In: Doubtful Points


This essay proposes a distinction between epistemological error and ontological error in order to explore whether it is possible to talk about Finnegans Wake in terms of error at all. Epistemological error is described as deviation against some normative constitution of what is correct, whereas ontological error arises in situations where recourse to a normative (and thus regulatory) standard is ambiguous. After illustrating these concepts with examples from Ulysses, I amplify this definition by reading a passage from Kierkegaard's The Sickness unto Death and then apply it to chapter II.2 of Finnegans Wake.

In: Errears and Erroriboose
In: James Joyce and the Arts
Author: Sam Slote


This chapter takes as its premise that once a text is translated, it is exponentially retranslatable and partakes in “the problem of textual transmission in general.” Slote centres his discussion on the issues of translatorial multiplicity, departing from a critical rereading of Derrida’s “Ulysses Gramophone.” He examines textual elements of Ulysses – the dot and the end of “Ithaca” and the instances of Joyce’s non-existent yeses that nevertheless appear in the French Ulysse, to be theorized by Derrida; Slote concludes that translation fictionalises a text by misrepresenting and falsifying the original.

In: Retranslating Joyce for the 21st Century
In: A Long the Krommerun
In: New Quotatoes: Joycean Exogenesis in the Digital Age
In: Medieval Joyce
Author: Sam Slote


The first editor of Ulysses was James Joyce. As he was overseeing typescripts and proofs, Joyce had to correct errors and misprisions inflicted upon his text, some of which he had himself made. Of course, this editorial work was (mostly) subsumed within Joyce’s authorial role as he expanded and revised his text towards publication. Indeed, the character of the editorial emendations that Joyce made evolves over the course of Ulysses’s composition, thereby reflecting his own changing conceptions of his book.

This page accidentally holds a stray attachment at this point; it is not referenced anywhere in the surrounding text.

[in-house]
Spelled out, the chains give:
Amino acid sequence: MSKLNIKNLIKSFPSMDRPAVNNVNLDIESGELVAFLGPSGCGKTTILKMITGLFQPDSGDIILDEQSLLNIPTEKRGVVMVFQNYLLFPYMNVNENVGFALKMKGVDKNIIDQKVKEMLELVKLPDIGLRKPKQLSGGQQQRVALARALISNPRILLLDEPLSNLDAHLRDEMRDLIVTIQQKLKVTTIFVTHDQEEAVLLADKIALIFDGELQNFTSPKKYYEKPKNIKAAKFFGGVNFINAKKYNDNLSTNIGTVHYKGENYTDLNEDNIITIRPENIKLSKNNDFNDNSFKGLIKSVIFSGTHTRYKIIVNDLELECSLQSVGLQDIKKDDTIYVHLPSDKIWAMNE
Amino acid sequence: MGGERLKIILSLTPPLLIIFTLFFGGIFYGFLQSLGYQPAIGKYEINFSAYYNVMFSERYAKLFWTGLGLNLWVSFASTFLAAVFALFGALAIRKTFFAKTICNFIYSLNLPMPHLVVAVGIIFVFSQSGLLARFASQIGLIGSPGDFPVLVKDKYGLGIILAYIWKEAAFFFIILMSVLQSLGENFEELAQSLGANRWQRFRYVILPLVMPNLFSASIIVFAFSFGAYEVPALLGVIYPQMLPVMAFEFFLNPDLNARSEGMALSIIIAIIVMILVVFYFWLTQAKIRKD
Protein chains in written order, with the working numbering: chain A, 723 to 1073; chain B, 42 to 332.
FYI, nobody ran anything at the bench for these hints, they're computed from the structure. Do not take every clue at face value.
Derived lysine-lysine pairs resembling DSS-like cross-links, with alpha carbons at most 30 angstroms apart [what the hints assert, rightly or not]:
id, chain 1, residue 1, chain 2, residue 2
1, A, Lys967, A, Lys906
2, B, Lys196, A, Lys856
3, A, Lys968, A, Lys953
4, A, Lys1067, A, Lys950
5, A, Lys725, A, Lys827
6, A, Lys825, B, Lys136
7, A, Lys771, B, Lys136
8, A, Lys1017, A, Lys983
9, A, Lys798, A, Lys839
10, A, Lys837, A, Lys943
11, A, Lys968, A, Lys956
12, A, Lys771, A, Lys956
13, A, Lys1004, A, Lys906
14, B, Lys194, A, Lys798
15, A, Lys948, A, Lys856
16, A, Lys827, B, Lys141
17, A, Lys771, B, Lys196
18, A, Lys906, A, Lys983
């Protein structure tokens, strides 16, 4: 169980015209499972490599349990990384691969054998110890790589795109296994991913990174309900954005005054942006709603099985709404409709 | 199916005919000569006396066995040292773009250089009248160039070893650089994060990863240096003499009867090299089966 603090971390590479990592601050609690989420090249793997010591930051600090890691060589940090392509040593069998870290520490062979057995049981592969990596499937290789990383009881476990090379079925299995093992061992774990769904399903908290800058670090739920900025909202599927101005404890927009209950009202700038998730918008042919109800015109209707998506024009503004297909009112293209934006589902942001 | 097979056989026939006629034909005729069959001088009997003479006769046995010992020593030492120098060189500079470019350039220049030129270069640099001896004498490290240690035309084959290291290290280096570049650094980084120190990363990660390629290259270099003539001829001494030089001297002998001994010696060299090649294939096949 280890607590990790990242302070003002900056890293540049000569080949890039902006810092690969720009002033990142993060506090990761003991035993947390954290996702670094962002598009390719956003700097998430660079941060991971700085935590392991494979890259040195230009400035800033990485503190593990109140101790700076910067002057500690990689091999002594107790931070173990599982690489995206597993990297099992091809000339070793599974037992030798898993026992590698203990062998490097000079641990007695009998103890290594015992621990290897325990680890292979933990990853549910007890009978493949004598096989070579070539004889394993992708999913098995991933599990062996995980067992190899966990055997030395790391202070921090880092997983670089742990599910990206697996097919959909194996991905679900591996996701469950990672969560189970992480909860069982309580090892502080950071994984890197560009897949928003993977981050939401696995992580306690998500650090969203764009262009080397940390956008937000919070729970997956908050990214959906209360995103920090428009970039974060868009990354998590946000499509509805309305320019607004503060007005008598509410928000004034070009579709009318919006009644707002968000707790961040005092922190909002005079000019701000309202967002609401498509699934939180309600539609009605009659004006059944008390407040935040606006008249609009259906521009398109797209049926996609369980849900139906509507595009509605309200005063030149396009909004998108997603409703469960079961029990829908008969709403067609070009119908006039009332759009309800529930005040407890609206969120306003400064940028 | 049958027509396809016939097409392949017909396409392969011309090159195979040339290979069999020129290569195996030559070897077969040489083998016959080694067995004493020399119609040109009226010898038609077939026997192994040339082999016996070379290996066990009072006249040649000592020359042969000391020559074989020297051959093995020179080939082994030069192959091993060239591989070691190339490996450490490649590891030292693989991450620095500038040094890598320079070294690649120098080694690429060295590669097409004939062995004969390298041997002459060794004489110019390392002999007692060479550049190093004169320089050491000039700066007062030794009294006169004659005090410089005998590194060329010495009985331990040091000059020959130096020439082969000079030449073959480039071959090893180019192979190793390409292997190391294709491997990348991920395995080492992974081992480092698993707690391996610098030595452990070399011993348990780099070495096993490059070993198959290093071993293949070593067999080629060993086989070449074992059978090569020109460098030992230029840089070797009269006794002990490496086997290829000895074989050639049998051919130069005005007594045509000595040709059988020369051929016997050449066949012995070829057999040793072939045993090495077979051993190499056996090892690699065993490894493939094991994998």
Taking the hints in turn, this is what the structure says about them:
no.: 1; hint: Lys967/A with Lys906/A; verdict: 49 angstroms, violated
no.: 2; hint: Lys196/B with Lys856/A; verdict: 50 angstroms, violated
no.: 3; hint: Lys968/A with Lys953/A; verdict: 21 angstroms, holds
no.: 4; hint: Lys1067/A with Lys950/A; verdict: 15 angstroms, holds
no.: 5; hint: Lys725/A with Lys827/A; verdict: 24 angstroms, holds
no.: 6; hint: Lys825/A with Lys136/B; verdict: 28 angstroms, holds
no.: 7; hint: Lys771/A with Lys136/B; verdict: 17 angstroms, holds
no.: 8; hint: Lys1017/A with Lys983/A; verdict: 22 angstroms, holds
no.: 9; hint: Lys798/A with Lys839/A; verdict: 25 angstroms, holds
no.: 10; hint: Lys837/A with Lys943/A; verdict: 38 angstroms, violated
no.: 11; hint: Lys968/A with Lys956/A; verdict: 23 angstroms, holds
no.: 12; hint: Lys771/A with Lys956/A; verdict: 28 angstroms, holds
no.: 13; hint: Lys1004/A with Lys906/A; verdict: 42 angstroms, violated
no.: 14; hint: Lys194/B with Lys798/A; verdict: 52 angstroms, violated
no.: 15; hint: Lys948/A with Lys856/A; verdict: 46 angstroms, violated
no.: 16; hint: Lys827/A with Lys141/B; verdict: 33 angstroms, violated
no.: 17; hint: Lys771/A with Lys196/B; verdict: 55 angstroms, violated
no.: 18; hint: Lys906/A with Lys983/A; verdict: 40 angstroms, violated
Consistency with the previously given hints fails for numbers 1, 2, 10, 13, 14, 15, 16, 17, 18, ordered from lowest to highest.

In: James Joyce and Genetic Criticism
Genetic Studies in Joyce
Editors: David Hayman and Sam Slote
Joyce criticism is a long way from having controlled the treasure trove of manuscript materials in the 63 volume James Joyce Archive. PROBES represents a new effort of incorporating manuscript research into critical concerns demonstrating in a practical manner how genetic work contributes to a fuller and more nuanced appreciation of Joyce's work. The organization of the essays is designed to highlight our two major but interlocking concerns: the nature and theoretical underpinnings of genetic criticism of Joyce and especially of Finnegans Wake, and some of the many ways that theory can be applied to the creative situation reflected in the notes and manuscripts. The questions raised in this volume are both current and important. Like Finnegans Wake itself, the manuscript record, because it is so complete, by stimulating the reader's curiosity and ingenuity, lends itself to a variety of approaches while rewarding specialized knowledge. Here too, as we decipher and transcribe, we are well advised to follow Joyce's advice and wipe [our] glosses with what [we] know. This volume will provide much that is new and of interest for all scholars of Joyce as well as scholars interested in the issues raised by genetic criticism.
Editors: Sam Slote and Wim van Mierlo
Joyce's methods of composition have only recently begun to be examined in a rigorous fashion. Already the work done on the genesis of Joyce's texts has fostered both new insights and new questions regarding the overall status of his oeuvre. The conference Genitricksling Joyce, held at Antwerp in 1997, testified to the variety and vitality of genetic investigations into Joyce's work. We have tried to recreate this vitality in the present volume with a double purpose, or double trick. First, the essays collected in Genitricksling Joyce are not only indicative of the growing body of genetic scholarship, they also signify methodological and theoretical changes among its practitioners towards a more open form of discussion and understanding. Second, we hope that these essays will clearly demonstrate the relevance of genetic criticism to current critical and cultural concerns in Joyce studies.